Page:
2020 MUSICAL AMERICA DIRECTORY 7
of the year The Salzburg Festival
reduced the Festival’s operations to a minimum, with
authorities forbidding the 1944 premiere of Strauss’s Die
Liebe der Danae, although the dress rehearsal famously
With the end of World War II, the Festival faced
conditions similar to those at its origin but worse, given
the Nazi atrocities and tensions between allied powers that
prevailed. Astonishingly, barely three months after the
Nazi surrender, the first post-war Festival was held, which
included new productions of Hofmannsthal’s Der Tor und
der Tod (The Gate and Death) and Mozart’s Die Entführung
aus dem Serail. Restoring the Salzburg event was in fact a
priority for General Mark W. Clark, commander of the
American occupying forces in Austria. Clark regarded the
Festival as a step toward the goal of a free and independent
Austria. More than ever, Austria and Europe were in need
of the regenerative powers of art and culture recognized by
THE KARAJAN ERA
Following denazification procedures, Wilhelm Furtwängler led memorable performances of operas until his
death in 1954; denazification was also required for Herbert
von Karajan, who made his debut in 1948, and Karl Böhm
(1938), each of whom had first appeared before the war.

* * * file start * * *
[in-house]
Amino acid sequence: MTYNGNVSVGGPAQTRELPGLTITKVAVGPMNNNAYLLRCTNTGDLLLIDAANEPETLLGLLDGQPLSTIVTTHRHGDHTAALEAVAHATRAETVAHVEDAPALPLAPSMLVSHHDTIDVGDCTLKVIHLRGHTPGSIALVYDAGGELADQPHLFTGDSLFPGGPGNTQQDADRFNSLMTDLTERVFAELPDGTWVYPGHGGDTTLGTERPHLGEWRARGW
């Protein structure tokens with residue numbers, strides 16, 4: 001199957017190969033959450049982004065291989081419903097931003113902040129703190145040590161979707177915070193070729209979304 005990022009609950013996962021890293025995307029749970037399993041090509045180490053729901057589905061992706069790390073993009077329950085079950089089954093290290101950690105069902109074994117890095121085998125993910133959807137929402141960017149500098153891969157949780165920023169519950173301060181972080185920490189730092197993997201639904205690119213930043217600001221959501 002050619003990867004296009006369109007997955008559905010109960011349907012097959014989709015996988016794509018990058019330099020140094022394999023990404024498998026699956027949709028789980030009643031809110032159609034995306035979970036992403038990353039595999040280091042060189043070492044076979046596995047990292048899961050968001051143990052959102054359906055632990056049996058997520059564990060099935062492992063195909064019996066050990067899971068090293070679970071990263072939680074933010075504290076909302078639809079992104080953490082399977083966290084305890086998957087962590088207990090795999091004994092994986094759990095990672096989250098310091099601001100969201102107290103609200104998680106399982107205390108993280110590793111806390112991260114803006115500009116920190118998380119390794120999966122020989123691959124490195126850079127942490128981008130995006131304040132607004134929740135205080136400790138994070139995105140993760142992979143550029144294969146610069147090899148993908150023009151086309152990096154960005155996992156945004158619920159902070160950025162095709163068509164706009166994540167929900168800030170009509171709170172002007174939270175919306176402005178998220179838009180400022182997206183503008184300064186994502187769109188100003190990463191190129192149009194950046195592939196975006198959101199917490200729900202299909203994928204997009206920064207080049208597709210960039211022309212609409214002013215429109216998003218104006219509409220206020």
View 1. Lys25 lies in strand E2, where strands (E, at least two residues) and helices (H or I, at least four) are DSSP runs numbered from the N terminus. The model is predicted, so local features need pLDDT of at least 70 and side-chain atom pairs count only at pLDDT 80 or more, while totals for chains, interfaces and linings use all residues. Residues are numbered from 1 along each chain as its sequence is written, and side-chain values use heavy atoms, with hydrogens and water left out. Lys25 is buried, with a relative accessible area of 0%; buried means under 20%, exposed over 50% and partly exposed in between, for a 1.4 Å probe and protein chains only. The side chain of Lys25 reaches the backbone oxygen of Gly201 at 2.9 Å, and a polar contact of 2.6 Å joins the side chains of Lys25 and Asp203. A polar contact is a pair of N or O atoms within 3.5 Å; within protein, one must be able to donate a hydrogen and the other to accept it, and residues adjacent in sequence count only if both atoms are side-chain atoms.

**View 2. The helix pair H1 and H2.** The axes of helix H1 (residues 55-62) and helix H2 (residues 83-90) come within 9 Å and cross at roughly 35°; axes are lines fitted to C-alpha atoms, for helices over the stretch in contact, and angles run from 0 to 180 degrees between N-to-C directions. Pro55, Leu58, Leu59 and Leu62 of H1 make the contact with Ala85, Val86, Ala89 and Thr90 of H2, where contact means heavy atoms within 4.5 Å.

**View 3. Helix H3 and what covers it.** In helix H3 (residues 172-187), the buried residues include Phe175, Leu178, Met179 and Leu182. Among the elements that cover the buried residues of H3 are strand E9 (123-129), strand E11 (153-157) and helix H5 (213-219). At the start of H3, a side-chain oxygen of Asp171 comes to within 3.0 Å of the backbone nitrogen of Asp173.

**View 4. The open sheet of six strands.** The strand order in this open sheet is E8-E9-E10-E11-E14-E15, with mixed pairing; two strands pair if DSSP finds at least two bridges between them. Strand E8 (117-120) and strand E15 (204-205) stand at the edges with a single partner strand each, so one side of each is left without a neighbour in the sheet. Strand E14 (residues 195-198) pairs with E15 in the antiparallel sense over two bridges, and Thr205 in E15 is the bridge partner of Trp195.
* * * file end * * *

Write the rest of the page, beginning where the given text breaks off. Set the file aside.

In 1957, Karajan became artistic director; during his more
than 30 years at the helm, the Festival increasingly became
his fiefdom—he was sometimes called the “uncrowned
king” of Salzburg—as it also grew in international profile.
His supremely polished performances drew automotive
metaphors from critics to describe their high precision. The
heights he achieved with the Berlin Philharmonic became
part of the Salzburg experience, threatening (but by no
means ending) Vienna’s status as the main orchestra.
For operas, he often entrusted the stage direction to
himself, typically in collaboration with set designer Günther
Schneider-Siemsen. With Karajan’s opera performances, it
was said, the real drama was in the orchestra pit, and what
The Vienna Philharmonic in Grand Festival Hall Auditorium. Without the Vienna Philharmonic, says President Rabl-Stadler, “there might be a festival in
Salzburg, but it would not be the Salzburg Festival.” Photo: © Salzburg Festival/Marco Borrelli.
(left to right) Bruno Walter, Thomas Mann, Arturo Toscanini, 1935.
© Archive of the Salzburg Festival/Photo Ellinger.